Davies adds that shooting the film in Antwerp, Belgium (standing in for 19th-century Massachusetts) proved a personal joy. Despite a professed distaste for “Sex and The City,” he envisioned Nixon as his dream Dickinson from the get-go. “I just disagree with its subtext,” he confesses of the HBO show and movie series, “that all you do is go to bed with people and buy things and then eat. I find that rather bleak. I have only watched it once. I just wanted to see Cynthia’s reaction shots, which were always the truest. But I do disapprove of it!”
The actress had previously been attached to another film Davies hoped to mount some years back, financing for which never materialized. Her likeness to Dickinson and a mutual fondness for the poet’s work (Davies incorporated some of Dickinson’s poetry into his 2008 cinematic ode to Liverpool, “Of Time And The City”) sealed the deal, and he wrote the script during 2012 with her specifically in mind.
In whittling down the events and people from Dickinson’s life to form a two-hour movie that nonetheless covers a lot of ground and years, Davies’s script ended up with hefty autobiographical elements from his own life (his agent told him it’s his most autobiographical work yet, and Davies agrees). Like Dickinson, he was extremely close to his family members; as a youth was sent away to a school and suffered a deep homesickness; and they both struggled with spirituality.
“She was fierce in protecting her soul, but what comes across in the poetry is, what if you have a soul and there is no God?” Davies says. “What do you do? I was a very devout Catholic, and from age 15-22 I had my doubts. In those days you were told it was the work of the devil, and I fought with that for seven years. At 22, I didn’t need it anymore.”
However, Davies insists that the film is ultimately “a fictitious version of her life through my subjective prism, so you may not necessarily agree with it. You could only respond to those things in someone’s life that have echoes of you. She had a correspondence with someone named the Master and nobody knows who it was. She improvised on the piano. All those things you cannot keep, because we are contractually obliged to bring in a movie of less than two hours.”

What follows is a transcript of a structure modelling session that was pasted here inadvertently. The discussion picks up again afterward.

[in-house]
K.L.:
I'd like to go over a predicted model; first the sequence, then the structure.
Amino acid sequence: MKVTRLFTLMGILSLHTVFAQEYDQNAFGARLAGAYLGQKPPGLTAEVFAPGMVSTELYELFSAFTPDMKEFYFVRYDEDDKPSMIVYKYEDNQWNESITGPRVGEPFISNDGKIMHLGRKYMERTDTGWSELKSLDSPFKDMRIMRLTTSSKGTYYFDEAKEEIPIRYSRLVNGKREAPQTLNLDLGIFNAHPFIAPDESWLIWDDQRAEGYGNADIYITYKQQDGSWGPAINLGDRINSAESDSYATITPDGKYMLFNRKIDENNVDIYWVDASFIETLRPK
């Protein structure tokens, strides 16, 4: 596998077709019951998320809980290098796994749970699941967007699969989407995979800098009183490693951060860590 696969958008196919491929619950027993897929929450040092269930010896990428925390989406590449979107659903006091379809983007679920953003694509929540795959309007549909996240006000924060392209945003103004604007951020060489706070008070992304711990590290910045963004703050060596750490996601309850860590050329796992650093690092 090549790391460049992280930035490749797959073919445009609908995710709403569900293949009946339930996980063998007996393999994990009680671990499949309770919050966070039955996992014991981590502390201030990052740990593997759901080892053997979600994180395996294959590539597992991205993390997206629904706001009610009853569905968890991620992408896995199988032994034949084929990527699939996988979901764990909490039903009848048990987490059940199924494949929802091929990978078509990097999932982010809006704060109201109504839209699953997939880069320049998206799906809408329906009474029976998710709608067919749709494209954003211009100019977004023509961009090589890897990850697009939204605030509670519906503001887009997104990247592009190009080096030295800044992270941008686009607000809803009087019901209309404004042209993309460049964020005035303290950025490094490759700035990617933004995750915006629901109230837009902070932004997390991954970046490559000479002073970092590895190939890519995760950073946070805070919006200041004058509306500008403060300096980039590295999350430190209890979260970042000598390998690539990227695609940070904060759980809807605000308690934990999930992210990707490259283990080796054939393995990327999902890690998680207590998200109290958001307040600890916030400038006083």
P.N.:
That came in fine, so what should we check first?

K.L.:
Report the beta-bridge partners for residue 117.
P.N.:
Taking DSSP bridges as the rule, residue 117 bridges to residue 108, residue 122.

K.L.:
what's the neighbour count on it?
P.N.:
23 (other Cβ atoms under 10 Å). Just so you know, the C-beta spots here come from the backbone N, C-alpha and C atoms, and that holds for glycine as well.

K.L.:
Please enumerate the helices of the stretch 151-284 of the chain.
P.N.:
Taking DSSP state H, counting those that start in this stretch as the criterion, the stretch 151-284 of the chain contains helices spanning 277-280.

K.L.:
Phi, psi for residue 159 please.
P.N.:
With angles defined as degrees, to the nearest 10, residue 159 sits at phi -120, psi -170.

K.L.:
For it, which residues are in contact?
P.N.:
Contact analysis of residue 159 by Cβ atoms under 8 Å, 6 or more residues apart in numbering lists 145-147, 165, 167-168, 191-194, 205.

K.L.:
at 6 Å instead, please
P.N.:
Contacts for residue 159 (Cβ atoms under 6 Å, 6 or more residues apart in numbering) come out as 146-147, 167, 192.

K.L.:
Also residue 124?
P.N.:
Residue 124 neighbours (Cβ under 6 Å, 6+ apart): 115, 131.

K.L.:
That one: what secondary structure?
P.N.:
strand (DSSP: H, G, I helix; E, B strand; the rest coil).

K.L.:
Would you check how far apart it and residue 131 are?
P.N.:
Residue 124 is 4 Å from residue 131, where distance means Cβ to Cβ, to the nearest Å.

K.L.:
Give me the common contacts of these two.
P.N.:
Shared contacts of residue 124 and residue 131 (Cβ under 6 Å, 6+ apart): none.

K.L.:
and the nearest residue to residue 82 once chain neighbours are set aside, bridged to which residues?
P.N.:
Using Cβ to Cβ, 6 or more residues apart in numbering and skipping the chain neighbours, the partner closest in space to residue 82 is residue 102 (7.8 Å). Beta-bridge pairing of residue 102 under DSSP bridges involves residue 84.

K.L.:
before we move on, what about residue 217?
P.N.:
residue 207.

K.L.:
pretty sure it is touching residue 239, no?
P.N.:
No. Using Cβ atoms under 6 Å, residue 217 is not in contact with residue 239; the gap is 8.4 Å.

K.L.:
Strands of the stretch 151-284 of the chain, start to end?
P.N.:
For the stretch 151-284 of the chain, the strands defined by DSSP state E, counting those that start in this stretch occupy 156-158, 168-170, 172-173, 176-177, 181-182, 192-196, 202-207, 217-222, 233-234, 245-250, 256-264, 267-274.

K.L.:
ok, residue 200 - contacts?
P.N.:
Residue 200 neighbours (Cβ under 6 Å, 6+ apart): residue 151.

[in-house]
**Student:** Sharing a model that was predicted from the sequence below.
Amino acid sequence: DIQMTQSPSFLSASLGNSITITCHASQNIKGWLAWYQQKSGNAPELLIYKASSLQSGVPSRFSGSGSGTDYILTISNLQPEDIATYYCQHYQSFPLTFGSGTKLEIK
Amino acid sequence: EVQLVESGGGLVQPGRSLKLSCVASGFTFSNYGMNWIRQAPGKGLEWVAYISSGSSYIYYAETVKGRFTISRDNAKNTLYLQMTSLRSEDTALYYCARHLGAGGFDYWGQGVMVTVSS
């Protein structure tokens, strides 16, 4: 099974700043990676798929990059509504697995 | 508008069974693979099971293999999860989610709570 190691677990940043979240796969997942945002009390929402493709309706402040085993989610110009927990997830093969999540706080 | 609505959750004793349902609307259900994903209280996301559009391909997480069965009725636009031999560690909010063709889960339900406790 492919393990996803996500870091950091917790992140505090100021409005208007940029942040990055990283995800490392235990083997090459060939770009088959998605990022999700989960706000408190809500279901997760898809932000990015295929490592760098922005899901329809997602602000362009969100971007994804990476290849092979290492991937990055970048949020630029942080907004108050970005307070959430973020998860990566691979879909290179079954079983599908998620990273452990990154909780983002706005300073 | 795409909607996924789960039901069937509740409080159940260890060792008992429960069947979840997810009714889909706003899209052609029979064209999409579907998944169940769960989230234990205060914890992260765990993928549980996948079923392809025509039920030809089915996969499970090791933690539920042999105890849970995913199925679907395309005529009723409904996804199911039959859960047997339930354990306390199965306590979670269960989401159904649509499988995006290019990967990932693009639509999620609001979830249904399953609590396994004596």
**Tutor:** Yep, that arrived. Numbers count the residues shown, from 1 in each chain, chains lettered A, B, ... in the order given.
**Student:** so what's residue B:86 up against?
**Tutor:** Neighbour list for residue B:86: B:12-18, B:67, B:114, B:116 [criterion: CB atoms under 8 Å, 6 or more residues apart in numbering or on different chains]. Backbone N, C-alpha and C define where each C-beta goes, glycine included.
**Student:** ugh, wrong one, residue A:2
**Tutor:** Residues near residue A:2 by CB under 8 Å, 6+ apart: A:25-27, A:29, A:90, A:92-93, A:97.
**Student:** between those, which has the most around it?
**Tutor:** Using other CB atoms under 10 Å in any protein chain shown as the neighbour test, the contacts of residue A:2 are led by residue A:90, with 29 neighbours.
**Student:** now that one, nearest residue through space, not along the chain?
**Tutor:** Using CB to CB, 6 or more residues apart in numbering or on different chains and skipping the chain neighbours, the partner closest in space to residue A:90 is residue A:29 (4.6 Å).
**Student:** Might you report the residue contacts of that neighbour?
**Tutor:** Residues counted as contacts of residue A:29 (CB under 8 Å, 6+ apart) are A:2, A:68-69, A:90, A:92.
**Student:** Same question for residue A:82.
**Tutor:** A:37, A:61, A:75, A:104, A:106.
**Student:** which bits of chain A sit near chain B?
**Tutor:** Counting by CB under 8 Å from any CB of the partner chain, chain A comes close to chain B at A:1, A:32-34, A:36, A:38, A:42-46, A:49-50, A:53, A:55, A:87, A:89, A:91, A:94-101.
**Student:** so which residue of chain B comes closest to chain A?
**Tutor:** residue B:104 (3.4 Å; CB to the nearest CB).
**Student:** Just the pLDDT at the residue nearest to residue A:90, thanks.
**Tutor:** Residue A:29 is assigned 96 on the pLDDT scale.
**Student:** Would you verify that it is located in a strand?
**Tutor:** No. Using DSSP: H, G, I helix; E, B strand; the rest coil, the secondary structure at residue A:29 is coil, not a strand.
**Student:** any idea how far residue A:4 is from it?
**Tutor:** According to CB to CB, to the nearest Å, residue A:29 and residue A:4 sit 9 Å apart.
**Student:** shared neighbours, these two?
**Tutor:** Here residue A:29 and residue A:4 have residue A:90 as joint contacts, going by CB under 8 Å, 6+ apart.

The same rules apply to another biopic about a British poet, Siegfried Sassoon – who was also gay and a WWI hero – that Davies just completed a draft of. “Anybody who was anybody in the 20th century he met!” Davies says, laughing. “He knew everybody! So that’s going to be played down, otherwise it becomes name-dropping.”
Like countryman Ridley Scott (“The Martian,” “Alien: Covenant”), Davies is proving quite prolific as a septuagenarian (he’s 71), with an adaptation of Richard McCann’s 2005 autobiography, “Mother of Sorrows,” also in the works (Paul Dano may star). However, the dryly self-deprecating Davies notes that, while international acclaim is coming his way these days, he’s not holding out hopes for a boyfriend, even despite a wave of popularity for “daddies” and websites and apps designed to connect them.
“Sex with a 71-year-old is too close to necrophilia for my taste,” he quips, laughing. “I’ve been celibate since 1980. But I’m not physically attractive – I never was. Young, good looking, and very stupid – that’s a combination nobody else will beat!”

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BTL Staff
Between The Lines has been publishing LGBTQ-related content in Southeast Michigan since the early '90s. This year marks the publication's 27th anniversary.